It’s Time for Your 2020 Fall Financial Checkup

This year more than ever, an annual checkup is essential.

Couple looks forward in fall

September 22nd is the first day of fall, and if you’re like most people, you’re ready for 2020 to be over. But with a few months left in the year (traditionally the most expensive ones) it’s important to check in on your finances. These tips will help you maintain stability for the rest of 2020 and get you ready for another, hopefully better year.

And if doing the full checkup all at once sounds overwhelming, follow us on your favorite social network. Starting September 22nd, we’ll feature a new tip week.

Tip No. 1: Review your credit

An annual credit report review is a good idea any year, but it’s crucial in 2020. Between forbearance and deferment programs and budget challenges caused by COVID shutdowns, you need to make sure that your credit report is accurate.

The good news is that the three main U.S. credit bureaus (Experian, Equifax, TransUnion) have all agreed to provide consumers with free weekly reports through April 2021. You can use the same website where you download your annual reports for free – annualcreditreport.com.

When you review your reports, you want to look for any errors, such as missed payments that you either made on time or that were under deferment. These kinds of issues can drag down your credit score. Correcting them can give you a boost, which is crucial – especially if you want to apply for loans to take advantage of historically low interest rates available right now.

Tip No. 2: Make sure your debt payoff plan is on track

While the economy is showing signs of recovery, we are still in a recession. The last thing you want is to be carrying around excess debt. Every debt you can pay off is one less bill that you have to worry about if you end up facing any income loss or unemployment.

Many households are already focusing on paying off debt. If you are, check your balances and make sure you’re on track. You may want to check the interest rates on your cards as well. Some creditors have offered customers who are current lower promotional rates. If so, then it may make sense to pay off higher interest rate balances first.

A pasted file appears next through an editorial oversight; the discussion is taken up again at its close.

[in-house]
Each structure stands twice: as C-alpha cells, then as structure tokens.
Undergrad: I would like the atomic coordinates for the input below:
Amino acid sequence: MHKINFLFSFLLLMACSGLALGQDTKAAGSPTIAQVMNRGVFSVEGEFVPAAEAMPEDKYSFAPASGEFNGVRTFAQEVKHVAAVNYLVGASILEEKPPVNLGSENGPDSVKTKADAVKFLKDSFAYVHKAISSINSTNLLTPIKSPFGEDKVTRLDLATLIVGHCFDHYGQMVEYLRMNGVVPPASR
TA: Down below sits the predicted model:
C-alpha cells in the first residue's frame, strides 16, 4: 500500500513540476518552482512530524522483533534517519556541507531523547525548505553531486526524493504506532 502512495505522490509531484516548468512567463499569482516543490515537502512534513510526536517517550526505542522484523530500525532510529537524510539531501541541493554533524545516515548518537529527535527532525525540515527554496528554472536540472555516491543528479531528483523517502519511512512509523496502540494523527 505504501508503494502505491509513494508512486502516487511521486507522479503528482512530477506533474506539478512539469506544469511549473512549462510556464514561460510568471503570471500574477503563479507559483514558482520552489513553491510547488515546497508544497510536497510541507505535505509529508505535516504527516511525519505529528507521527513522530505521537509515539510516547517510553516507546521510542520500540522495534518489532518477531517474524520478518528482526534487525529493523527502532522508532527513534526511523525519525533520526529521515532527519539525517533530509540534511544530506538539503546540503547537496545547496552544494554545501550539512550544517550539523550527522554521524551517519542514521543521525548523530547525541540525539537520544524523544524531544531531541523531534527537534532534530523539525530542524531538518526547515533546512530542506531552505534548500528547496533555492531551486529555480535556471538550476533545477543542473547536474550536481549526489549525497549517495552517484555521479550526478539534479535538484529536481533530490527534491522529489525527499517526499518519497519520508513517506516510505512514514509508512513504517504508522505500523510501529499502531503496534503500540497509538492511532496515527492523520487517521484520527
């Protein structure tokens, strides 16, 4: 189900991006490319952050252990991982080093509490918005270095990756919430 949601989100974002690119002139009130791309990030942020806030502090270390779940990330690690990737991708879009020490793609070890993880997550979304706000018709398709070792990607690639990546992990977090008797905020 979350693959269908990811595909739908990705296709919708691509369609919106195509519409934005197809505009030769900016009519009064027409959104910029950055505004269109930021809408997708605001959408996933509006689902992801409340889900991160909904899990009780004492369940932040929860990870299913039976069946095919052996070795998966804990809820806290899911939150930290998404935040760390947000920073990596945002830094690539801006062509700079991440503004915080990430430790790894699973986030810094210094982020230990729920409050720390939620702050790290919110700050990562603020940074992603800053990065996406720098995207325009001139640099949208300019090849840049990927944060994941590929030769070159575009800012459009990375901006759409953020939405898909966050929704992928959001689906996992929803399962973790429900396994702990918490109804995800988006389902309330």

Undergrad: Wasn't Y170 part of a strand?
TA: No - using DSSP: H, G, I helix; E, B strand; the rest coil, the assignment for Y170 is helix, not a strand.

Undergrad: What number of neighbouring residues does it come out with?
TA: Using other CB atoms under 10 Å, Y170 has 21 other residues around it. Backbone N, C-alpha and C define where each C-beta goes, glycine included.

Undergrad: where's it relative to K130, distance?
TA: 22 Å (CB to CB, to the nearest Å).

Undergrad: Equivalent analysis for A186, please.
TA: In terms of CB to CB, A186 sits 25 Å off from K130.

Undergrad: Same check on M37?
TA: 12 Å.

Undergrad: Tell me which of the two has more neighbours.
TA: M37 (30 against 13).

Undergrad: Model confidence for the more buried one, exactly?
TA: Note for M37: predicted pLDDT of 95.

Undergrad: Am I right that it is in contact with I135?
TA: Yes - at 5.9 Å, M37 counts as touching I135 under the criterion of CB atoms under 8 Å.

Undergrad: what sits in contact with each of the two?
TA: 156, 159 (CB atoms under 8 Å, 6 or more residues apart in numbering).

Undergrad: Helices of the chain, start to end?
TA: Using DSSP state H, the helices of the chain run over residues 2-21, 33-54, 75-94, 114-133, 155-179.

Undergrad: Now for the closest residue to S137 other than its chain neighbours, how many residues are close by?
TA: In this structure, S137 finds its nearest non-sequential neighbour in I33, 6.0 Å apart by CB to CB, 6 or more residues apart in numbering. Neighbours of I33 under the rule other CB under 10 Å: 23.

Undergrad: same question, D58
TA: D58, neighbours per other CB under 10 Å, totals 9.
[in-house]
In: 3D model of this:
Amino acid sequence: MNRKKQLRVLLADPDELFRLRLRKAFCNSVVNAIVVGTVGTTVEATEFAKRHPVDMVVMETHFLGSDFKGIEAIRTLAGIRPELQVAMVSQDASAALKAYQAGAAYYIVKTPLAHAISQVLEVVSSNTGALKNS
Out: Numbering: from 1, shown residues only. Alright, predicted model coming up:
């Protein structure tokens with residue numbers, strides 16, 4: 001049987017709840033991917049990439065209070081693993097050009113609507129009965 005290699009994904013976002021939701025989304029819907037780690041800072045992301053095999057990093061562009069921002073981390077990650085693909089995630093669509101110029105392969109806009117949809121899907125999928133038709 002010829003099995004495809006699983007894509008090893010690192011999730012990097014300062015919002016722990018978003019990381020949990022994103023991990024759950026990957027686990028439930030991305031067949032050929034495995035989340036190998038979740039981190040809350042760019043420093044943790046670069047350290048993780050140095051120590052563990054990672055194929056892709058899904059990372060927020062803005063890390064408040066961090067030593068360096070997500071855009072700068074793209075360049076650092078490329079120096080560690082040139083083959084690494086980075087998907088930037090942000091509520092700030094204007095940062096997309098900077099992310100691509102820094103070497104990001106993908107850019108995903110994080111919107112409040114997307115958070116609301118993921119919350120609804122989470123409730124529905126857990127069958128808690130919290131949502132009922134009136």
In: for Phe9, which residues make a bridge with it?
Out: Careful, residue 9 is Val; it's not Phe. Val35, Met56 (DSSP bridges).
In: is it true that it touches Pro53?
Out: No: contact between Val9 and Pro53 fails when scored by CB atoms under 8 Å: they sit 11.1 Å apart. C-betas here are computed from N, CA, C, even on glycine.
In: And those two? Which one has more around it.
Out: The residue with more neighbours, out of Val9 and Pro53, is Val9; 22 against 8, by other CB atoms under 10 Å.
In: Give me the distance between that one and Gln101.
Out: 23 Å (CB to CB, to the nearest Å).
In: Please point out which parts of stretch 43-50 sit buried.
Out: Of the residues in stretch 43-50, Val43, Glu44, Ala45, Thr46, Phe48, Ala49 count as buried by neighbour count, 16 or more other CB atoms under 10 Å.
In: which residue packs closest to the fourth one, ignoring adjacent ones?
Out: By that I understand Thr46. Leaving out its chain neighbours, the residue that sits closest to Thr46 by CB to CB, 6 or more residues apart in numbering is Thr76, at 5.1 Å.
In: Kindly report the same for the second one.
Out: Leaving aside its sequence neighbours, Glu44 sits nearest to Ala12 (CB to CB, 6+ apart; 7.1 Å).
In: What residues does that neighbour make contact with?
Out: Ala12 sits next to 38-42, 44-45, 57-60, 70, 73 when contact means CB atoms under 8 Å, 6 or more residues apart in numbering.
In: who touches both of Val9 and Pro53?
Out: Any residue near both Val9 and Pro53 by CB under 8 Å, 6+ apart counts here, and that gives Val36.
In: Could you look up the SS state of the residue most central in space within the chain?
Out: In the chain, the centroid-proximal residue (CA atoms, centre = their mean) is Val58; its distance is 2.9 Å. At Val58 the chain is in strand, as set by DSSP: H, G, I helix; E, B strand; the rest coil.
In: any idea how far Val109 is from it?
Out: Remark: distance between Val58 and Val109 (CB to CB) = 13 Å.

If you don’t have a debt payoff plan in place, it’s time to make one. Use this credit card debt worksheet to write down the balance and APR of each account. Then decide on the best strategy to reduce debt for your situation.

Tip No. 3: Revisit your budget

Expenses can change throughout the year, especially in fall as the kids head back to school. This makes September the perfect time of year to review your budget. You should:

  • Make sure all your expenses are accounted for, including new expenses you may have added since the last time you reviewed your budget
  • Analyze your actual spending versus your expected spending to make sure expenses don’t cost more than you had set
  • Evaluate if you can dedicate more money to saving or paying off debt

Tip No. 4: Start saving for the holidays

The winter holidays are the most expensive time of year for most families. This year spending is expected to be even higher as families try to make up for the doom and gloom of 2020. All of this can lead to increased credit card spending that you don’t need.

Instead, as you review your budget, see if you can find a few expenses that you can either cut or cut back. There may be a few streaming services you can lose or some subscriptions that you cancel. If you aren’t using something cut it. Then use the money you save to increase your savings ahead of the holiday season.